Upstairs, just before entering the museum's sprawling main gallery, viewers can check out film and video offerings in a dedicated new media gallery - a welcome thing since its sounds don't interfere with the rest of the museum, as is sometimes the case in other venues. A nifty touch-screen panel lets viewers select what they wish, rather than being subjected to an endless loop. A few of the videos are evocations of far-away places, such as Toby Kaufmann-Buhler's juxtaposition of hectic scenes of the London tube with dreamy nature footage, and Erik Gunneson's video diary of a month in Sweden.

In the main gallery, viewers are immediately greeted by Jennifer Angus' site-specific installation composed mainly of insect specimens (see sidebar). "The Grammar of Ornament" runs floor to ceiling and plays on both Victorian patterning and also the tradition of forming pictures out of insects. Taking a line from Toni Morrison, pinned bugs spell out "Birth, life, and death - each took place on the hidden side of a leaf," a disarmingly moving sentiment about the microcosms all around us that we rarely take note of.

Other highlights from the main gallery include Fred Stonehouse's witty "Selections from the Natural History Portfolio of Marshall Deerfield, c. 1850-2007," in which the artist concocts all manner of strange creatures documented by an imaginary 19th-century observer in Wisconsin. Oddities such as the "marsh goat," "tree cat" and "creek devil" are rendered in Stonehouse's eerie, faux-nave style. Stonehouse cleverly works humor and narrative into his art.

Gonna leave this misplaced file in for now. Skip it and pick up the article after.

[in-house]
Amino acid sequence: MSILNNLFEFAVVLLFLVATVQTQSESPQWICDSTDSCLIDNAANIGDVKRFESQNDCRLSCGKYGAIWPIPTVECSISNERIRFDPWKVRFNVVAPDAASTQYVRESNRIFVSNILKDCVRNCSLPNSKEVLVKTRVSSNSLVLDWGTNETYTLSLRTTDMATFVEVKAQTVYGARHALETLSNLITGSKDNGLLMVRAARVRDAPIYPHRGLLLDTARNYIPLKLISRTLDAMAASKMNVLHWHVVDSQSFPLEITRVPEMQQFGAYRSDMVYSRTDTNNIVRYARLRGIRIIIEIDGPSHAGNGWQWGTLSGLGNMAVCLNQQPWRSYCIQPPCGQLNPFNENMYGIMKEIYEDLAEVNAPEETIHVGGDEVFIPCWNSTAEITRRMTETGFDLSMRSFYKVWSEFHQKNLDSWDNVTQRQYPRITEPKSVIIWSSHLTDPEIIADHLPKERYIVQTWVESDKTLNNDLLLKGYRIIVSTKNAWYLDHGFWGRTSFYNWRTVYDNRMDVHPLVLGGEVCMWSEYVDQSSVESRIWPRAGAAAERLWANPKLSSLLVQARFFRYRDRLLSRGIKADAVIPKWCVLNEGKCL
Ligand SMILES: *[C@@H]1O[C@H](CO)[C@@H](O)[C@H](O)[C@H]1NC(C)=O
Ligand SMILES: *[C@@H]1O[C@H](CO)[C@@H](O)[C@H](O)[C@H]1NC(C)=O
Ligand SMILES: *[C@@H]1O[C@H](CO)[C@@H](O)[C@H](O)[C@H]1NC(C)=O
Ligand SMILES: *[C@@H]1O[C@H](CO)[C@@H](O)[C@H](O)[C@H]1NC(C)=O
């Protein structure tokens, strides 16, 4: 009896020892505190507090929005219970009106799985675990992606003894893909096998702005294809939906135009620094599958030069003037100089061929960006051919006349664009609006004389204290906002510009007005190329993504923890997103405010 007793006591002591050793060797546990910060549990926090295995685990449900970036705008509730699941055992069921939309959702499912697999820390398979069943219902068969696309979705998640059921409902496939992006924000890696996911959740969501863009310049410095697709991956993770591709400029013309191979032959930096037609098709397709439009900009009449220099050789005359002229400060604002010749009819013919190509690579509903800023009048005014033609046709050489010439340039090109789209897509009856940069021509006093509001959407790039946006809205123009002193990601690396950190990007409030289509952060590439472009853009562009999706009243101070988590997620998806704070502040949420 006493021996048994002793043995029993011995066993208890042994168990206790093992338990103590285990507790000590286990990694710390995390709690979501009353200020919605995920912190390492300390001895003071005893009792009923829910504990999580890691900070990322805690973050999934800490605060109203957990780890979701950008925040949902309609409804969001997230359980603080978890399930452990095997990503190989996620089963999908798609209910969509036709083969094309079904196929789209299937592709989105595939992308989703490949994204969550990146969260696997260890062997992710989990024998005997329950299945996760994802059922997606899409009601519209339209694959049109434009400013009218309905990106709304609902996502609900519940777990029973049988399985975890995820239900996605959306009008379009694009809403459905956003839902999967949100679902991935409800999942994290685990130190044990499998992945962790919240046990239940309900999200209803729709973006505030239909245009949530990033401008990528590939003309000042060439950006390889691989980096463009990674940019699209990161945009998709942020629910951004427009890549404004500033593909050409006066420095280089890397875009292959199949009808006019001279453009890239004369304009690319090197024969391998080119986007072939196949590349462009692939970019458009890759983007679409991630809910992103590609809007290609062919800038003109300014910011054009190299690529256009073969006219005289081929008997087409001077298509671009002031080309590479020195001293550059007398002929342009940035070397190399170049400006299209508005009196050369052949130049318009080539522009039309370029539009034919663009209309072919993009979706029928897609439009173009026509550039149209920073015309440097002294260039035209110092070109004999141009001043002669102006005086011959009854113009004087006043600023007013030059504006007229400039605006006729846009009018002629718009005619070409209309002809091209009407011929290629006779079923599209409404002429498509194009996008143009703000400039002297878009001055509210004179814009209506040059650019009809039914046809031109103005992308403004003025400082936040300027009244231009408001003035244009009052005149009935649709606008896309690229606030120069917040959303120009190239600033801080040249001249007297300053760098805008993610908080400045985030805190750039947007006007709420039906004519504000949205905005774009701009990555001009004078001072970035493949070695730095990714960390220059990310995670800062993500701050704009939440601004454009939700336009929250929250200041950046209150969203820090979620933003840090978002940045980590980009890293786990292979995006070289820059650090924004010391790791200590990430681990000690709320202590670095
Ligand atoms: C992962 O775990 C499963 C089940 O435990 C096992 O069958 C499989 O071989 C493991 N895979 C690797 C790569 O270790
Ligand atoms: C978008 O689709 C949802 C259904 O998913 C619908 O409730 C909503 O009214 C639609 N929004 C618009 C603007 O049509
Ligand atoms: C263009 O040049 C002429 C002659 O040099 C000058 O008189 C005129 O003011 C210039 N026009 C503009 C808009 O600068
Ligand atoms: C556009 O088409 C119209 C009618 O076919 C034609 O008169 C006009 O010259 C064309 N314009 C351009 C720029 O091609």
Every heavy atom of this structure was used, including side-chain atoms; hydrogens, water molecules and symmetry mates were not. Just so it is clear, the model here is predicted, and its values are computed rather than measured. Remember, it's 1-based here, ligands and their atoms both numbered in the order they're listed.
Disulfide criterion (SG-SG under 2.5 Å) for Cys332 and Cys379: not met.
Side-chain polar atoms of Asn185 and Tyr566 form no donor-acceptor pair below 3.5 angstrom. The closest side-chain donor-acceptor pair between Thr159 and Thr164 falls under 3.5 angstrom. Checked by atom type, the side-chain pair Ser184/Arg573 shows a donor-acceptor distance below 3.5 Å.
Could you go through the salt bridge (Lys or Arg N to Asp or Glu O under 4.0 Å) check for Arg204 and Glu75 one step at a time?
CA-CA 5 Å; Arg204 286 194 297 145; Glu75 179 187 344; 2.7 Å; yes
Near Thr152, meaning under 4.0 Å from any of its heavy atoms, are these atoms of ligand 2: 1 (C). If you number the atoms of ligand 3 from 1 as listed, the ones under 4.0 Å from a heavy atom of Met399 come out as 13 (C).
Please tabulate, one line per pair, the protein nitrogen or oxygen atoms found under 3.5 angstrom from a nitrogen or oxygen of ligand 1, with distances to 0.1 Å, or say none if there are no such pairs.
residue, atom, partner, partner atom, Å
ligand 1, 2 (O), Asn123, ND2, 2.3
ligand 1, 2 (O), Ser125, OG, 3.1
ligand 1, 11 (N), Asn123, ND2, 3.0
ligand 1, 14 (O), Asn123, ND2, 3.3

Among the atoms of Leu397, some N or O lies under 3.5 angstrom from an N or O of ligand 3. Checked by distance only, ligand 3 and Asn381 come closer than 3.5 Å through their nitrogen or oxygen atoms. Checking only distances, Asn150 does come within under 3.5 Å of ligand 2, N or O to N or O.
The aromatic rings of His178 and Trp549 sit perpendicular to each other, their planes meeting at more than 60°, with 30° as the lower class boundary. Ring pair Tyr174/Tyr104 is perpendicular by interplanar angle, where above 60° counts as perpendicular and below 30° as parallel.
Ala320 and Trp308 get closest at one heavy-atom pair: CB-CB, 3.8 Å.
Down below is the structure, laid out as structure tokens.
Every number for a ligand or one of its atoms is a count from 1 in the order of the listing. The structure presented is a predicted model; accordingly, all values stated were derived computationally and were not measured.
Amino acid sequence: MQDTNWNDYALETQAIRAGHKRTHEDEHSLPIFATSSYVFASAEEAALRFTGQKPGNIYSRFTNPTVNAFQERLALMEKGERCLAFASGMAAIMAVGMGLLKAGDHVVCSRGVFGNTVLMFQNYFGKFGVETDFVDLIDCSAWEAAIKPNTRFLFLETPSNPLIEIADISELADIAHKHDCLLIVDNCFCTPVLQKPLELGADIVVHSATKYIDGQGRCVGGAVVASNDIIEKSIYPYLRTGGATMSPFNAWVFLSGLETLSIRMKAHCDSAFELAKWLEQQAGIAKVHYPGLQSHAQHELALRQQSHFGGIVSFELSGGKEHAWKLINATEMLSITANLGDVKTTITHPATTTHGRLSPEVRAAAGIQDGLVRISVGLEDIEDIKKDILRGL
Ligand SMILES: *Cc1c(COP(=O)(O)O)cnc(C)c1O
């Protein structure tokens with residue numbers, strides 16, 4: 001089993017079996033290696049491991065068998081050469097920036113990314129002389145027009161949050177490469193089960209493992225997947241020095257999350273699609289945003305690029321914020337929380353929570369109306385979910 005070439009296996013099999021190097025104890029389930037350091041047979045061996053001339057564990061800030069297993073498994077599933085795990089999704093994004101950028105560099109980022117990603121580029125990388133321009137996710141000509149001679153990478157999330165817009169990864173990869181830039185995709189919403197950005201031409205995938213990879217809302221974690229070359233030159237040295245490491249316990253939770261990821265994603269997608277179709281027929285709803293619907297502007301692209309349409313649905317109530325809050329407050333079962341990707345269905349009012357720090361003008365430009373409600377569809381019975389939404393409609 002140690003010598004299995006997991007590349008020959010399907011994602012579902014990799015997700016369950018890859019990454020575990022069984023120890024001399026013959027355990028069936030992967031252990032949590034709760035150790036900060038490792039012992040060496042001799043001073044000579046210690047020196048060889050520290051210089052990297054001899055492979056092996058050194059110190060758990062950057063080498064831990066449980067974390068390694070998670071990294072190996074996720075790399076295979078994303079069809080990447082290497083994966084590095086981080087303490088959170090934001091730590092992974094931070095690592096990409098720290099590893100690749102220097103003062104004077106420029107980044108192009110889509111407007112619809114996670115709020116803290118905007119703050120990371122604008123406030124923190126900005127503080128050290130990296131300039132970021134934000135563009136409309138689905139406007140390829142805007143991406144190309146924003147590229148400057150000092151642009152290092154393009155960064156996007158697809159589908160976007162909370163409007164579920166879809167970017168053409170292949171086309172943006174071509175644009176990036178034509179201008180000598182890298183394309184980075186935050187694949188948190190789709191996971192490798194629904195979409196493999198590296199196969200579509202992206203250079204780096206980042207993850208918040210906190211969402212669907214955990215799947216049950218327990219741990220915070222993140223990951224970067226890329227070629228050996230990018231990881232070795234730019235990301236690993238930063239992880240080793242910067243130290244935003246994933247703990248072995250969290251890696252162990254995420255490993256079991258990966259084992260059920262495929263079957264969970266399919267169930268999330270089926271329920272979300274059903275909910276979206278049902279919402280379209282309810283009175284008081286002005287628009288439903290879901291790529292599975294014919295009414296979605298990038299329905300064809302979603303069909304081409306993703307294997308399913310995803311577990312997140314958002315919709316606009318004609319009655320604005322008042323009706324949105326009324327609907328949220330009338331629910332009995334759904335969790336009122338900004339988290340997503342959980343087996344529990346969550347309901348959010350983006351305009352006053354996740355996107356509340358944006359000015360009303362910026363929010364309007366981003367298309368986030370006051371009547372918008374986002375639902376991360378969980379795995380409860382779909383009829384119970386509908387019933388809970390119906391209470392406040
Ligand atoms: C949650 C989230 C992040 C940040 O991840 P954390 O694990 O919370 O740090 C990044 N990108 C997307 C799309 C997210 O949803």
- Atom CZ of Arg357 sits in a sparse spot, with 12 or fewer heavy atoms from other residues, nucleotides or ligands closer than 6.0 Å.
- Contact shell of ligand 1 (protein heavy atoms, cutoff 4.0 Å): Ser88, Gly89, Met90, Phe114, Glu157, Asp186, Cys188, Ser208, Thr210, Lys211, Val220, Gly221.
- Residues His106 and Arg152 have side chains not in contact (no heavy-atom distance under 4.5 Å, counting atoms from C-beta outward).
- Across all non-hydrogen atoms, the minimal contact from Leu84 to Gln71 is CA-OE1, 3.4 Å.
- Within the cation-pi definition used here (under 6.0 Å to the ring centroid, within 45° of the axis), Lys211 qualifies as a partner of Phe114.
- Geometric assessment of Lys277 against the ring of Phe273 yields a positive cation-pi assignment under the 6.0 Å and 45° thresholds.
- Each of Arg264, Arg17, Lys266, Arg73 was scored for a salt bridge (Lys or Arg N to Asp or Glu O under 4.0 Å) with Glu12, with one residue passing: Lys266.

Gary John Gresl also plays off folklore and Wisconsin mythologies. "Upon Return from the Cabin" uses the materials of kitsch to create objects that are decidedly more than kitsch. Taking an old Zenith TV set, antlers, a skull, pine cones, shells, fish heads, broken china and more, Gresl's work has a playfulness that is skillfully undercut with something more serious and hard to define - perhaps a nostalgia for a fabled past that never really was.

Of course, some works in the Triennial are more successful than others. Mark Klassen's "Project Payphone" allows gallery visitors to dial selected numbers ranging from a Pennsylvania prison to the Whitney Museum of American Art, presumably setting up unexpected conversations. The effect is a little gimmicky - and besides, newer technologies have already facilitated farther-flung connections between people.

Laurie Beth Clark's two-screen video work, "Veracity," presents six boomer-age women telling stories about their lives, such as work or coping with ill parents. While one presumes the desired effect is a layering of voices, suggesting the commonality of certain experiences faced by women of the same generation, the format detracts from the subject matter. It's actually a bit annoying, trying to mentally block out one voice in order to focus on another. It's as if the artist doesn't trust that these women's stories, individually, will hold our attention. I'm sure that's not her intention, but the result is disappointing.

The exhibition is also light on certain mediums such as textiles and ceramics, but that may well be a function of who applied to this year's exhibition.

All told, there are plenty of delights in the 2007 Triennial. From Daniel O'Neal's exquisitely rendered realist paintings, to the lonely, bleak spaces captured in the photographs of Carl Corey, to Sara Schneckcloth's large-scale, mixed-media work of what she dubs "imagined microbiological systems," there is, as always, plenty in the Triennial to please viewers of differing tastes. The exhibition testifies to the health of Wisconsin's visual art community.